Council Urges Major Changes for U.S. Diet

From the Washington Post

In the most comprehensive scientific report on diet and health to date, the National Research Council on Wednesday called for broad changes in American eating habits and gave specific recommendations to eat much less fat, eat more fruits, vegetables and starches and avoid high-dose vitamin and mineral supplements.

The council recommended that people daily eat five or more half-cup portions of fruits and vegetables and a minimum of six portions of starches such as breads, cereals and beans. The recommendations would roughly double the average amounts of these items eaten by Americans.

The council also said it found no proof that calcium and fiber supplements confer any health benefit. While the panel did not conclude that daily vitamin-mineral supplements are harmful, it found no evidence that they are beneficial.

The recommendations were prepared by a committee of 19 diet and health experts created to resolve conflicting dietary advice that in recent years has come from various private and governmental bodies. The panel took three years to examine nearly 6,000 studies and compile a 1,400-page report that distills the various findings into one set of dietary guidelines.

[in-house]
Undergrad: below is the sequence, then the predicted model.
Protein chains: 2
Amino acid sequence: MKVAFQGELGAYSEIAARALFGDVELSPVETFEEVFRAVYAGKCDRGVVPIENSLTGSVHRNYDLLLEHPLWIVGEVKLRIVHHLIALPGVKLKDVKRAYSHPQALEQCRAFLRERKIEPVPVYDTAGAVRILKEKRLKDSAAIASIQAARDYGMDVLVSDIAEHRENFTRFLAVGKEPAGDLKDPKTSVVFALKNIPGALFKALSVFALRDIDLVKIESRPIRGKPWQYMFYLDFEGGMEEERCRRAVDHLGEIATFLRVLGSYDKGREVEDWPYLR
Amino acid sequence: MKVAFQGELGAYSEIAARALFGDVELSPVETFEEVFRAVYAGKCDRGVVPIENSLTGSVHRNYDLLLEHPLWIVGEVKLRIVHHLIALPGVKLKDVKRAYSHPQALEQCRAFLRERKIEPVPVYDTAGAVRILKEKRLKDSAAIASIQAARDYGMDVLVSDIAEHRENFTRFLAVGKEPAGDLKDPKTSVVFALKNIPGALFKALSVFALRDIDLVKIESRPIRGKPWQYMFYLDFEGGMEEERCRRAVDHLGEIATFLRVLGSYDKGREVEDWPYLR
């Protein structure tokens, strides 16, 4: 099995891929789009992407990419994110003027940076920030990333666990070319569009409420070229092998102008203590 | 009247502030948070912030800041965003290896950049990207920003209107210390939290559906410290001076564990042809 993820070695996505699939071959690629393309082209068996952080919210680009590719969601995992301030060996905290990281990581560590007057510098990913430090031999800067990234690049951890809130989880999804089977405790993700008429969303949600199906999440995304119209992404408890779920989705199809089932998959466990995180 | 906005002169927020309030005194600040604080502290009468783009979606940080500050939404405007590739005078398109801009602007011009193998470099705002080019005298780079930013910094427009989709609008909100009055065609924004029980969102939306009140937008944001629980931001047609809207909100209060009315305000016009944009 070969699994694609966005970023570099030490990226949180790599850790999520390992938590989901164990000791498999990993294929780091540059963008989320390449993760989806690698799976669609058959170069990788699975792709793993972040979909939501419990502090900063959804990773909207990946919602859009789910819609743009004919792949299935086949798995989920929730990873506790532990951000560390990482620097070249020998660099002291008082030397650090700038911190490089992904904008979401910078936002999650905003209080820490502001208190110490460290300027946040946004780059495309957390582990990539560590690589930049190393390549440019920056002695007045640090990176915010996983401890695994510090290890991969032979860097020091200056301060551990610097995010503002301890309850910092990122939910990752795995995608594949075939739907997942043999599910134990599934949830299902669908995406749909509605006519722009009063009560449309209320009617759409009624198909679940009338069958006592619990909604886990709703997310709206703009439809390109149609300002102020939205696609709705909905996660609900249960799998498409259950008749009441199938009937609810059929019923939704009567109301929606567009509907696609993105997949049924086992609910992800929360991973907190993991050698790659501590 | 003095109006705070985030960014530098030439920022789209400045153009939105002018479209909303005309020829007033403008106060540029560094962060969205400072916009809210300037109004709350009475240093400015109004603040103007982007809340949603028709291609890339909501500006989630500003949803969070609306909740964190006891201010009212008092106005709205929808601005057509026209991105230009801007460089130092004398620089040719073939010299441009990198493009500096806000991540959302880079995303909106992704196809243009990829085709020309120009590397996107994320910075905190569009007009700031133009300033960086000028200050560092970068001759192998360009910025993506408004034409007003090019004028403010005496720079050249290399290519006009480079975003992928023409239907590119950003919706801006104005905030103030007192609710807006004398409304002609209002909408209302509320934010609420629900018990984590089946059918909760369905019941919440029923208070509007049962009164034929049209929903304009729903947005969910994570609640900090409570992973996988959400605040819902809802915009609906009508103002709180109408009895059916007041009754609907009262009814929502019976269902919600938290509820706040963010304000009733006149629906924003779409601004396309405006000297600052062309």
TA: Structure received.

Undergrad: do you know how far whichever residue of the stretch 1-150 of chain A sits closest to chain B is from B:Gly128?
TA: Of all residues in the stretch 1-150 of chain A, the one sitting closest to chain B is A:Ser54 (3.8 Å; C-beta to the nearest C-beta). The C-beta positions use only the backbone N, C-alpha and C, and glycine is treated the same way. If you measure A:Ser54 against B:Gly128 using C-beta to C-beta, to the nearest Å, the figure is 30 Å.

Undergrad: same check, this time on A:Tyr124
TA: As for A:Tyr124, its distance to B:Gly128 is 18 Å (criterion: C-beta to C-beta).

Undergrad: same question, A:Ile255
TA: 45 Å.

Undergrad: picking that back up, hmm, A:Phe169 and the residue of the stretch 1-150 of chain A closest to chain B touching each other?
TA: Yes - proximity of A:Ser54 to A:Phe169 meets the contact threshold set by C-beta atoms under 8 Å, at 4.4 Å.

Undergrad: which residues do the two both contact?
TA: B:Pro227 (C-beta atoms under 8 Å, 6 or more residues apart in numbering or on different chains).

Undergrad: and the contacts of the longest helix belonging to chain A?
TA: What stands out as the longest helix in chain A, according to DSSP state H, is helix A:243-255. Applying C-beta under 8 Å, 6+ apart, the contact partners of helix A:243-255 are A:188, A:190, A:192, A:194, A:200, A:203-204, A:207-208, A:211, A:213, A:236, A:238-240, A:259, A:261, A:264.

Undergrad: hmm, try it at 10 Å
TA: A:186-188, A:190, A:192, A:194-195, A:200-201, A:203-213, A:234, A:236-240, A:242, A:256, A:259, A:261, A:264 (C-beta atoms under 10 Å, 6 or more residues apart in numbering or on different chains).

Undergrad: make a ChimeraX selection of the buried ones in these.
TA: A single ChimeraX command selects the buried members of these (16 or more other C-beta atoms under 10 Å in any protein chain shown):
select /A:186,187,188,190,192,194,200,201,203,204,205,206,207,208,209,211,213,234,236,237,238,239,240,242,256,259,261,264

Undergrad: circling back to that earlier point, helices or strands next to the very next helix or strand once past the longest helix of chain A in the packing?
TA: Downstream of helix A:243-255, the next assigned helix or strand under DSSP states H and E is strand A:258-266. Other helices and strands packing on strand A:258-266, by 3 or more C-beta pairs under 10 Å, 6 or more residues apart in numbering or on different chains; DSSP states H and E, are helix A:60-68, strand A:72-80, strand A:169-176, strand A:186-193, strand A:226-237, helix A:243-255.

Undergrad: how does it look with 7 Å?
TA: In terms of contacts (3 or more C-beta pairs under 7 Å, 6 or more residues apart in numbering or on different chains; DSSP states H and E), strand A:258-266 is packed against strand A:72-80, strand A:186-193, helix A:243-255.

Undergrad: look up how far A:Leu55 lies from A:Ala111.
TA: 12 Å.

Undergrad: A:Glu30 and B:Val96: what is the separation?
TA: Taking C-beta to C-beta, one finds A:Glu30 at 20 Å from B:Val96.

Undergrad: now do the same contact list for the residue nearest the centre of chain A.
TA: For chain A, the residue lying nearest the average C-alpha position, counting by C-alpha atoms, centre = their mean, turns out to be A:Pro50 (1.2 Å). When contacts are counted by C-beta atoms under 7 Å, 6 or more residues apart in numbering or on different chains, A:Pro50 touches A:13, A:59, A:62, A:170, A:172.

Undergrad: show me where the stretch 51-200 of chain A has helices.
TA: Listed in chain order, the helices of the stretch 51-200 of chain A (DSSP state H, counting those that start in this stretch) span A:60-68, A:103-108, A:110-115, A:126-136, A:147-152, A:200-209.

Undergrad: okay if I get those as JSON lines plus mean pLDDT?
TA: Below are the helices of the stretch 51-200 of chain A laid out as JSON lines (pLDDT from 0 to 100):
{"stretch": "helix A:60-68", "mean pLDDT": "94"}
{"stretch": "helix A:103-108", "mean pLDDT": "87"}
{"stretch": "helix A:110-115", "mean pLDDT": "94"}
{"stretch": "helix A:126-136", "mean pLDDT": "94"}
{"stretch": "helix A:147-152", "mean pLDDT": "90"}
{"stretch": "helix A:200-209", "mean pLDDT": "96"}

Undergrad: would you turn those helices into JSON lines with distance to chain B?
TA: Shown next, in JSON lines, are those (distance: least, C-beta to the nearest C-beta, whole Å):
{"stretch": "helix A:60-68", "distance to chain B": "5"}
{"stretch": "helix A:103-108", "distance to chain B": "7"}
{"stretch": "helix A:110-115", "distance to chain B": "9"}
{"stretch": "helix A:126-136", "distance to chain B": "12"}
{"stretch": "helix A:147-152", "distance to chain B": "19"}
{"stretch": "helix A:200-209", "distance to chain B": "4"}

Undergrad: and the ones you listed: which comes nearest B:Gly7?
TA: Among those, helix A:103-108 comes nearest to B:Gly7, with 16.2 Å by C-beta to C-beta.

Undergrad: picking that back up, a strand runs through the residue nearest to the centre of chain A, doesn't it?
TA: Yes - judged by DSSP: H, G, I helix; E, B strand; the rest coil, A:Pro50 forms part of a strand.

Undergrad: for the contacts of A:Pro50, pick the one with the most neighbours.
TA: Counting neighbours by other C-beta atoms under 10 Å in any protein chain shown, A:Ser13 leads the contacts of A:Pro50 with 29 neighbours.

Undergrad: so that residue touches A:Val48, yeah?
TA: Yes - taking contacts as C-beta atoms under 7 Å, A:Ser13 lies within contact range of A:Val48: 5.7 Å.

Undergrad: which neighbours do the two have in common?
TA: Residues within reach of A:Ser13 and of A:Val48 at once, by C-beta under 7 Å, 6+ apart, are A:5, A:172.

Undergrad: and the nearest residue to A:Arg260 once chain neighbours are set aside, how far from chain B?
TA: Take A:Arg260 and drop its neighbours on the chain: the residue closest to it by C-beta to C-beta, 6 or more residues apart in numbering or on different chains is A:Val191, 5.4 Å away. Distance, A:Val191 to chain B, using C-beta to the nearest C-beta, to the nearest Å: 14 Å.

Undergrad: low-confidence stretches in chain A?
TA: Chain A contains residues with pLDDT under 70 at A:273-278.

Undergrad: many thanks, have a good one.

Among other conclusions of the report were these:

--Evidence linking coffee to heart disease and cancer is inconclusive.

Urges Sugar Limits

--Sugar has not been established as a risk factor for any chronic disease other than cavities. Refined sugar, like that used in cakes and cookies, should be limited, however, since it contributes calories with no essential nutrients.


--Food additives do not appear to have contributed to the overall risk of cancer in humans.

--There is no evidence that pesticides or natural toxins in food contribute significantly to cancer risk in the United States. But the risks for simultaneous exposure to these compounds has not been adequately tested.

This is the first time that a committee of the National Research Council, the working arm of the National Academy of Sciences, has made such definitive dietary recommendations.

Cites Confusion

“Many people may be confused by the vast amount of advice given in many forms about what to eat,” said Dr. Arno G. Motulsky, chairman of the Committee on Diet and Health. “Some may have delayed making changes in their diets until they are more convinced that scientists have reached consensus. We hope our report will help these individuals move from inaction and complacency to action.”

The committee said the risk of heart disease could be reduced by at least 20% if the public followed the fat and cholesterol guidelines. Americans currently consume 37% of their calories as fat. The committee endorsed a reduction to 30%--as many other health groups have recommended--but it acknowledged that level is only “moderately” low in fat and said further reductions would provide additional benefits.

The committee also said the risk of cancer of the colon, lung and stomach could be reduced by sharply increasing consumption of fruits and vegetables, particularly citrus fruits and green and yellow vegetables.